Written by Fumo Verde
Railroad Earth does it again by giving us a little bit of Americana with their new CD Amen Corner. Meshing traditional bluegrass with a slightly progressive flavor and adding a tinge of R&B, the album not only highlights the talent of this amazing band, but it leaves us with a disc where every song is a winner. Each tune has its own distinct taste like a fine wine and draws the listener into the bright world of Railroad Earth.
This whole album was created and produced in a 300-year-old house deep in the rural countryside of the great state of New Jersey, my home state, where it can get as country as Manchester, Tennessee. As it says in the liner notes, doing this album in this particular house called Lone Croft, was an adventure which helped create this CD. Whether it helped them or not, Amen Corner has some real jewels and those who dig the bluegrass sound should definitely check it out.
I’m going to start with my favorite song right off the bat, “The Forecast.” When first hearing the beginning of this tune one wouldn’t think it’s a bluegrass song, not until the violin comes into play. Even the slight strumming of the banjo plays like the tropical backing of a Jimmy Buffett song. A lackadaisical beat coming gently from the drums with the soft strumming from the stings gives this song that lazy summer day feel. The lyrics tell a different kind of story. “Forecast says there’s a storm ahead/ my opinion is sunny rain/ not a breeze /days of ease /clear skies over head./ Forecast says there’s a storm a-brewing/ heavy rain/ heavy wind /batten down and bored them up/ best stay overhead.” The words speak of disaster as the music puts out a totally different type of vibe.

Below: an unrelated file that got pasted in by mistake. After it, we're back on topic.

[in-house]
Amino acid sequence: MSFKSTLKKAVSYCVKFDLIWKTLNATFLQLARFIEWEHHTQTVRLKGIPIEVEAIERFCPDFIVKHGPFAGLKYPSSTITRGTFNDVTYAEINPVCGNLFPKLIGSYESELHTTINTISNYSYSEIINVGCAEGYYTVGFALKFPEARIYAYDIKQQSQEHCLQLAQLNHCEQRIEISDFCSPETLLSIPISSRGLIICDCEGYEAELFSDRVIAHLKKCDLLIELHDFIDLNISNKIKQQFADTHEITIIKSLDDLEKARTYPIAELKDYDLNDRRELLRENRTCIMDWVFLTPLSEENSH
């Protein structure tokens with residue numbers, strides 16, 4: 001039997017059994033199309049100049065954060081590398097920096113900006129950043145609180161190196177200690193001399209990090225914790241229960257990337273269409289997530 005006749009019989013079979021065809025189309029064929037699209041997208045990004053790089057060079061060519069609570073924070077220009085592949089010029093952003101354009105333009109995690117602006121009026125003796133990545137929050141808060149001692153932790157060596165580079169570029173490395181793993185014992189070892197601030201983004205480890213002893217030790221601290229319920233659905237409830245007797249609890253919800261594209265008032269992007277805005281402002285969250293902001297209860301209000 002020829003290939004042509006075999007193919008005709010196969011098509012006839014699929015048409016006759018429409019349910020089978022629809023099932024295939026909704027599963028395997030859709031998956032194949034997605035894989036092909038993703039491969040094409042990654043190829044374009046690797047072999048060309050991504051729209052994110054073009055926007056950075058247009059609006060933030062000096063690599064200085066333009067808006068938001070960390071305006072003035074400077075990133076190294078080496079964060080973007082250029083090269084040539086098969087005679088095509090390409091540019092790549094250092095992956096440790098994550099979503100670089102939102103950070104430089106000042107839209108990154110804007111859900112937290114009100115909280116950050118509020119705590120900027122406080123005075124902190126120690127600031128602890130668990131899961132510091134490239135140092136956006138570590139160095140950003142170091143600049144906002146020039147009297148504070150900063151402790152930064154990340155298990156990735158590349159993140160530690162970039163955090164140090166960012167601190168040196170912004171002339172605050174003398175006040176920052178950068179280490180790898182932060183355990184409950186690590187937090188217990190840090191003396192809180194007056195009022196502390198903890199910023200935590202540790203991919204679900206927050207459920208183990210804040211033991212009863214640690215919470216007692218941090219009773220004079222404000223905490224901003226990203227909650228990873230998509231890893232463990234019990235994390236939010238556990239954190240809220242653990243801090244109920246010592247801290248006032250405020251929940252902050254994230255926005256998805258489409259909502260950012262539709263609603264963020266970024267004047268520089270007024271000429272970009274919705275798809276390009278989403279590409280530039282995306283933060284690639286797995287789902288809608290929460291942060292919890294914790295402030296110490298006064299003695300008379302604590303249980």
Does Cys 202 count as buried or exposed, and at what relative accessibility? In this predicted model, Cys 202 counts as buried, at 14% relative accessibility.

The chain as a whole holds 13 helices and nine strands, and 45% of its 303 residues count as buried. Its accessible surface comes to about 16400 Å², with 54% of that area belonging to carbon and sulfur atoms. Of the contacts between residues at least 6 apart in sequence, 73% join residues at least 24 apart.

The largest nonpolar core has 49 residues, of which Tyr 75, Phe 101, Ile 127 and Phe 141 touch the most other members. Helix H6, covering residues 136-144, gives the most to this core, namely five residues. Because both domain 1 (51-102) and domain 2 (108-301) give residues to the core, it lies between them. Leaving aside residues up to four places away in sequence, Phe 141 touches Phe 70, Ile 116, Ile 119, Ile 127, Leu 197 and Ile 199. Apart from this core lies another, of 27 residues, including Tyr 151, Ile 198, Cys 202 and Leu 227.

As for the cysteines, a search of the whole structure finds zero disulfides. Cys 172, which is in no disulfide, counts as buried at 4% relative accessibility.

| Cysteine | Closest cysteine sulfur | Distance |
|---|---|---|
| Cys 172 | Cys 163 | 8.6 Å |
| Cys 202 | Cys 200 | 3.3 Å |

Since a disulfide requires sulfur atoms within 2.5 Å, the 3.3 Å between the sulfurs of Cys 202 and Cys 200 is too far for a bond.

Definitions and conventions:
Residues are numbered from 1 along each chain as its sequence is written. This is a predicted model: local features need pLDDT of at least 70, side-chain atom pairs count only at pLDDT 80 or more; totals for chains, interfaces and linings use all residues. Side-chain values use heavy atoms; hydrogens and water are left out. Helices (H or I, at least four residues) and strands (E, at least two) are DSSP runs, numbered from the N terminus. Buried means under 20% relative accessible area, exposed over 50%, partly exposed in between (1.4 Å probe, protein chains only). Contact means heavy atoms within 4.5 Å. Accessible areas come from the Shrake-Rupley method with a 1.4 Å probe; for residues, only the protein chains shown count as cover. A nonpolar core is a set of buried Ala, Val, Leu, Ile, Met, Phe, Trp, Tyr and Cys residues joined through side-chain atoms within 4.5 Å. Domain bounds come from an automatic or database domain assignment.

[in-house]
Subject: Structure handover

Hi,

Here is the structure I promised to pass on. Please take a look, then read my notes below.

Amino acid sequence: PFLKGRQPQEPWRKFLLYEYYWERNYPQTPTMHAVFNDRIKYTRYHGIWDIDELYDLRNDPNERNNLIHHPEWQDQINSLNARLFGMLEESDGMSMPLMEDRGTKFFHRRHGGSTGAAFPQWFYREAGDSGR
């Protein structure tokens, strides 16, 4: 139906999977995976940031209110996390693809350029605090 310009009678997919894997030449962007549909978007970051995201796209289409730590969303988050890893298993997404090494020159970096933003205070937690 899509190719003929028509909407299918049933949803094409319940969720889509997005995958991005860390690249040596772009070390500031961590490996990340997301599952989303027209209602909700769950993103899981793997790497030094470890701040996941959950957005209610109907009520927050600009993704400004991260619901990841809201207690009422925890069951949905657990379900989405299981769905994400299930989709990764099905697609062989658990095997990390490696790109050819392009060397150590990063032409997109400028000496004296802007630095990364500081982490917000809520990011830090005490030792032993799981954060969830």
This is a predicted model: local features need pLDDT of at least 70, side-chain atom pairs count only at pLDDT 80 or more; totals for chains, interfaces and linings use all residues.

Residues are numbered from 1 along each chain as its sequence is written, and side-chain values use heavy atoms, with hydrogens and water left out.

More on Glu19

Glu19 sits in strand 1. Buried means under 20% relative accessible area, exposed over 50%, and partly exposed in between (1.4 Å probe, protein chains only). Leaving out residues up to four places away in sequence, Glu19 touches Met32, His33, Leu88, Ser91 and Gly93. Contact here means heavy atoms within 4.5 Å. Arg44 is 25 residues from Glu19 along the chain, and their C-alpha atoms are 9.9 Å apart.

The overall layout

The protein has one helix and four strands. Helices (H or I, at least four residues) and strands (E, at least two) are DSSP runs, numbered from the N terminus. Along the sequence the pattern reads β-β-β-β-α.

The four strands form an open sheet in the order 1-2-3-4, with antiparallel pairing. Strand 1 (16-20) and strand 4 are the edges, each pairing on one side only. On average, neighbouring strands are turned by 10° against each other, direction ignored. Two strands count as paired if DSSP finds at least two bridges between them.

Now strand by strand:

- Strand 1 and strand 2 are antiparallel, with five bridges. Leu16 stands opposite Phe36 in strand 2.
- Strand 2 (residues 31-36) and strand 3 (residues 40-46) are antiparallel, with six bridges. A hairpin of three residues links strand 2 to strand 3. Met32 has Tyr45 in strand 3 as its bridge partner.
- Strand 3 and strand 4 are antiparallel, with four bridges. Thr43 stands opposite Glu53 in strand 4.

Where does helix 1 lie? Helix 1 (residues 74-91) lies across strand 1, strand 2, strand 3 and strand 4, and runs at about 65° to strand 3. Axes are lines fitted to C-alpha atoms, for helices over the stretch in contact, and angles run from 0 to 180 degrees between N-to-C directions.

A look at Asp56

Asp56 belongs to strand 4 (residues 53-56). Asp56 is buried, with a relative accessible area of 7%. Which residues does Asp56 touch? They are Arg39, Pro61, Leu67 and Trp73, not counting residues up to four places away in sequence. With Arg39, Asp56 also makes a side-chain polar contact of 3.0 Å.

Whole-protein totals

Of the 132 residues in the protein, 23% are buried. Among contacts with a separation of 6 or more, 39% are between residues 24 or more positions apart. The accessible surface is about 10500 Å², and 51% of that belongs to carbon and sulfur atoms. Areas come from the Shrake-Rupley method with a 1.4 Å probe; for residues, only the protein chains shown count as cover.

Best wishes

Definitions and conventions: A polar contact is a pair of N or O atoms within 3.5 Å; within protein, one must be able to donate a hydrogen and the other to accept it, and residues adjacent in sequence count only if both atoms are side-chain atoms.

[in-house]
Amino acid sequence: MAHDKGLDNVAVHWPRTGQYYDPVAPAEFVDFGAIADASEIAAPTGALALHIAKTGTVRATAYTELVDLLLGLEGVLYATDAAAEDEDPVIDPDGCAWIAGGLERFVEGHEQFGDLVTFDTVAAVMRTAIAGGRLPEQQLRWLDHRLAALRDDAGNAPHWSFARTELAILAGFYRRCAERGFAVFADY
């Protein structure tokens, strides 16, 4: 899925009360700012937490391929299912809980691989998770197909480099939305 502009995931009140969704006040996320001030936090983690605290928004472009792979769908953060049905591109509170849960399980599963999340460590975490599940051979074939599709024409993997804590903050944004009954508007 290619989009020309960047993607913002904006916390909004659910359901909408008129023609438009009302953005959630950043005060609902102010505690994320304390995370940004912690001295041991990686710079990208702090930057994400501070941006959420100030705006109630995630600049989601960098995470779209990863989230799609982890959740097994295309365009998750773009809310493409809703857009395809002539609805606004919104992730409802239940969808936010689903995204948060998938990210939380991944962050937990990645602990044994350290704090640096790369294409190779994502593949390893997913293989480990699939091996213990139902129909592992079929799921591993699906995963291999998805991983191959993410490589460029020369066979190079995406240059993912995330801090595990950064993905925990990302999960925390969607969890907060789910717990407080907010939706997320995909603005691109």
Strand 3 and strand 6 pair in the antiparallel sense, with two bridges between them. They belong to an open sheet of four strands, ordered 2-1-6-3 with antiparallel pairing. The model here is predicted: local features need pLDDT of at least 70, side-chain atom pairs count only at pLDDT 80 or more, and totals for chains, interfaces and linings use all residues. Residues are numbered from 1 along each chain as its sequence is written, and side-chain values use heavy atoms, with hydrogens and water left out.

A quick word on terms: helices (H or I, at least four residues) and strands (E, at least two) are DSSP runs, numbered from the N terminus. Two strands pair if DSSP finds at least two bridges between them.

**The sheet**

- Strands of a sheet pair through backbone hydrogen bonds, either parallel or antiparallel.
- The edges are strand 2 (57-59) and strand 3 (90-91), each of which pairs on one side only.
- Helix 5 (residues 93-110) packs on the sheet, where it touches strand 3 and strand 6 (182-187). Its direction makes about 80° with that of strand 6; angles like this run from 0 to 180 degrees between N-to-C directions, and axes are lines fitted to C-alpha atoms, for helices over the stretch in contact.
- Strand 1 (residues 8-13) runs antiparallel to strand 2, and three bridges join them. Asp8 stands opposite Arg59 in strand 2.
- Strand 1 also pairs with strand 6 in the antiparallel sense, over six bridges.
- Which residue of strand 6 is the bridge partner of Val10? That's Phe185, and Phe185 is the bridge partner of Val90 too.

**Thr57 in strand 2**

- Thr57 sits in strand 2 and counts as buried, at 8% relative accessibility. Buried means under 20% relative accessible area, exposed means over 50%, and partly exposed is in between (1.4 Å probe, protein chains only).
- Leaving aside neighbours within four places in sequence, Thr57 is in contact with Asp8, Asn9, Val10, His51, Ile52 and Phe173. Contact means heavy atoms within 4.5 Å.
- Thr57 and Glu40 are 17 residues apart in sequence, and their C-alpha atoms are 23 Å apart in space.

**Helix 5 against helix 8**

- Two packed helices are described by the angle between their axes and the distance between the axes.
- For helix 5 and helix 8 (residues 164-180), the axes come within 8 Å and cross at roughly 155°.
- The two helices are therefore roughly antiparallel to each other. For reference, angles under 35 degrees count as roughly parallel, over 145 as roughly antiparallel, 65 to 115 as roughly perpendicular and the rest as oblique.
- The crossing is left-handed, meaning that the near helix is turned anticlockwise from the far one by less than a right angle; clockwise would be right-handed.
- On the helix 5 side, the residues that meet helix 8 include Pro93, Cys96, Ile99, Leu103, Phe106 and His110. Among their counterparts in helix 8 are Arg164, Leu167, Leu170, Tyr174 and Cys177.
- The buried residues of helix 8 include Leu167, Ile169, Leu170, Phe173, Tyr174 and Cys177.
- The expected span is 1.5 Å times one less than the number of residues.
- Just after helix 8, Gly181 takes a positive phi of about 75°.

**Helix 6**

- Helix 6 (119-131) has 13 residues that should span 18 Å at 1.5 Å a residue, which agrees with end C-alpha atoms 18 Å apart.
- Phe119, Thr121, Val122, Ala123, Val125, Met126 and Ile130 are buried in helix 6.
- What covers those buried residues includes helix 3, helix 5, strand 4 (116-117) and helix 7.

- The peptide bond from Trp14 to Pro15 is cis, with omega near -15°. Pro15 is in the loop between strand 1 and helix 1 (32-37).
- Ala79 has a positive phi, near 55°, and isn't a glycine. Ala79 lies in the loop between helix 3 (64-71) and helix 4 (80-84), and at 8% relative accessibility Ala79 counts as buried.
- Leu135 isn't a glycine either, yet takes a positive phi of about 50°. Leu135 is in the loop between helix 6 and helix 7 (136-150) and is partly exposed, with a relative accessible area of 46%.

My next favorite is “Waggin’ The Dog,” a political message bottled up in a progressive bluegrass beat that will have you tapping your foot and shaking your fist. Drums and bass thrust this song forward as the guitar and mandolin add to the lyrics like a chorus. This tune takes the genuine backbone of a bluegrass melody and puts an R&B twist to it, giving it the energy to keep you moving along with it.
For a more traditional bluegrass song, “Bringing My Baby Back Home” rips it open with banjo and violin as they charge forward while guitar, bass, and drums try to keep up. “Little Bit O’ Me” has a traditional rhythm to it too, yet slower than the “Bringing…” It has a political message in it also, asking questions about the world we are leaving behind for the future generation.
“Lone Croft Ramble” is the only instrumental on this disc and sounds like the name it bares, yet it only rambles on for five minutes and thirty-nine seconds, but what a five and half minutes it is. I need to see this band live, because I still can’t determine who is singing on what song, Tim or Todd, but whoever is singing on “All Alone” really sounds like Jerry Garcia on this song more than all the others. This one put a tear to my eye for it is just one beautiful song.
Some critics are saying this maybe the band’s best album yet; I believe they are just beginning to come into their own. When this tour comes to town, one would be a fool not to see them and since I’m heading back to Jersey this summer to see family, if RRE is around I will make it a point to see them. Amen Corner is one of those few albums of which I like every song, twelve for twelve, not a one I would skip. This CD comes off clean and would make even Flatt and Scruggs proud. I give this my highest rating: five full bowls.